Political and judiciary sources said a superior decree has been made to suspend investigations of the Higher Prosecution of the State Security with the four justices of the Cassation Court on their statements on ballot rigging. Recently, the Higher Judiciary Council resolved to withdraw the judiciary immunity of four justices to face investigations.
The sources added the contradictory statements of the Attorney General, the Justice Ministry, and the Higher Judiciary Council in this regard resulted form their different views on how to announce the decree without showing judges and their union victorious.
The sources said high-level bodies warned the political authorities that any escalation in policy towards judges will not be of service to the regime especially after the great support of judges and civil society for the under-investigation justices. Putting the judges of the Cassation Court, the superior judiciary power in Egypt, has very serious significance. Soon, the Cassation Court will consider the contest of Ayman Nour, a prominent opposition politician, in the verdict of the Criminal Court that sentenced him to five-year imprisonment on charges of forging documents used to found his political party. Therefore, any government attempt to punish any of the court’s justices means that they are prone to the government power; they are not independent.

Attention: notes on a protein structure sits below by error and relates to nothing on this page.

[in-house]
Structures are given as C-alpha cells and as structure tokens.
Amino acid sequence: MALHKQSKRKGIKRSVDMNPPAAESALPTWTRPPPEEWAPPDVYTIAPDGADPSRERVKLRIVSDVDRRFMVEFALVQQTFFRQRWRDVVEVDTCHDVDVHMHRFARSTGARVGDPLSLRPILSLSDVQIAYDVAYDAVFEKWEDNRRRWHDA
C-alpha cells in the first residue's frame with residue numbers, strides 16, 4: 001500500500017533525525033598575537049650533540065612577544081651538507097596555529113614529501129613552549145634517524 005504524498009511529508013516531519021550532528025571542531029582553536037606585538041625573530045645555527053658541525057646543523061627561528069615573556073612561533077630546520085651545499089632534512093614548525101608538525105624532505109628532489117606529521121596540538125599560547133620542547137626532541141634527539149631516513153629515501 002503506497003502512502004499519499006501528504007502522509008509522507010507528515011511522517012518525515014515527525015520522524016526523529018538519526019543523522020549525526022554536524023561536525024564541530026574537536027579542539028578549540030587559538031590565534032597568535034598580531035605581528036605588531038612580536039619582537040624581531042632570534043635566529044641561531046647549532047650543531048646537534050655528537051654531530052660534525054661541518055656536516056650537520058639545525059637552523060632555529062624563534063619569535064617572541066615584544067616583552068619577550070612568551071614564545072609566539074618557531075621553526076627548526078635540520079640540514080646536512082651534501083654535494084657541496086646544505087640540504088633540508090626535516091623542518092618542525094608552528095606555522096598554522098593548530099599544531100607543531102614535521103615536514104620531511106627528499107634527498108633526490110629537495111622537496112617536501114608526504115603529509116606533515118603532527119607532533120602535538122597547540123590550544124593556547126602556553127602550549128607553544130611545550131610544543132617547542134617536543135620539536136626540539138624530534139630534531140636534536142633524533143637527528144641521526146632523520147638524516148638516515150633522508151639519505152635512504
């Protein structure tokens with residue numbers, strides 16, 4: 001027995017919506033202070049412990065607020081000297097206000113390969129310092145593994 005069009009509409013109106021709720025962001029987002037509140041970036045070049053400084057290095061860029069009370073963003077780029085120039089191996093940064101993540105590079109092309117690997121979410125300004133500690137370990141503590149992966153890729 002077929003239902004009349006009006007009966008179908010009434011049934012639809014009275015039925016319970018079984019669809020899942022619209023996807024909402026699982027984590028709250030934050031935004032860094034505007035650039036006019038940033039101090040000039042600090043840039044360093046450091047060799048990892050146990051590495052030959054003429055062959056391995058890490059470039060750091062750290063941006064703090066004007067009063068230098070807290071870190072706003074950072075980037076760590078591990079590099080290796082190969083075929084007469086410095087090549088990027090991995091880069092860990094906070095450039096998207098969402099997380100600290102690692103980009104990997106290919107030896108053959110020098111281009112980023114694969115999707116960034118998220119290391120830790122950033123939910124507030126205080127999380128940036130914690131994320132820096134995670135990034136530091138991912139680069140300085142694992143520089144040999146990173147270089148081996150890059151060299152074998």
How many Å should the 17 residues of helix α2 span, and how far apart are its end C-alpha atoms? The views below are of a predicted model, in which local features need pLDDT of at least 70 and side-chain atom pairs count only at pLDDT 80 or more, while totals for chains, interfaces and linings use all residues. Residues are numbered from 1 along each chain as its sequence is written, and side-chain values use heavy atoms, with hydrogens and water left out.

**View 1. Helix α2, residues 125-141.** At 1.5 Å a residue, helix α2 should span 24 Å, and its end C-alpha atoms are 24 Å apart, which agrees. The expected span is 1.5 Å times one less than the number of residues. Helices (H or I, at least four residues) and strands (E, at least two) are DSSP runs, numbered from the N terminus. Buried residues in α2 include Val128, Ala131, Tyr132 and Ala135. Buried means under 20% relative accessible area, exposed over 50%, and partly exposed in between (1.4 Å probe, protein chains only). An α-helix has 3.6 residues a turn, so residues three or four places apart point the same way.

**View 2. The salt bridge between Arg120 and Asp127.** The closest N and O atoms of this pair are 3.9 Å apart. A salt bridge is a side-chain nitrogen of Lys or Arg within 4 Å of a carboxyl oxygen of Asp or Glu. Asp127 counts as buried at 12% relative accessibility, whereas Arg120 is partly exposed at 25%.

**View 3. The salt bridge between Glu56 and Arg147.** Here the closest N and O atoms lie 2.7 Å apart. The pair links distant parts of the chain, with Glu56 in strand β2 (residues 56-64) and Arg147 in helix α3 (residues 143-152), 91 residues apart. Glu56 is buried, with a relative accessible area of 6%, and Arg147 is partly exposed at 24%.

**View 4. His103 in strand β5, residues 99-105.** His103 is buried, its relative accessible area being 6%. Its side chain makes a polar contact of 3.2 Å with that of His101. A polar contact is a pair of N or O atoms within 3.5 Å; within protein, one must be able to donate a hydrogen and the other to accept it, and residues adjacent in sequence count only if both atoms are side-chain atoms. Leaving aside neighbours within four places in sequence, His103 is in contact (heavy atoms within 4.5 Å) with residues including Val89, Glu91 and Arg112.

The sources did not rule out that the decision may come after that some government sectors indicated the dangerous outcome of referring judges to the extraordinary Higher Prosecution of the State Security, whose legality is questioned. The step may put the regime under local and foreign pressures to yield to requests of judges to pass the union-sanctioned bill of judiciary power.
Moreover, the Justice Minister promised the Judges Union to release 10-million funds as soon as possible, after a decision to cut the annual government subsidy to the union.
The sources regarded these new procedures a rollback in the government stance to judges that aims to contain their outcry before the coming meeting of their General Assembly, in which judges decide to step up their measures of protest.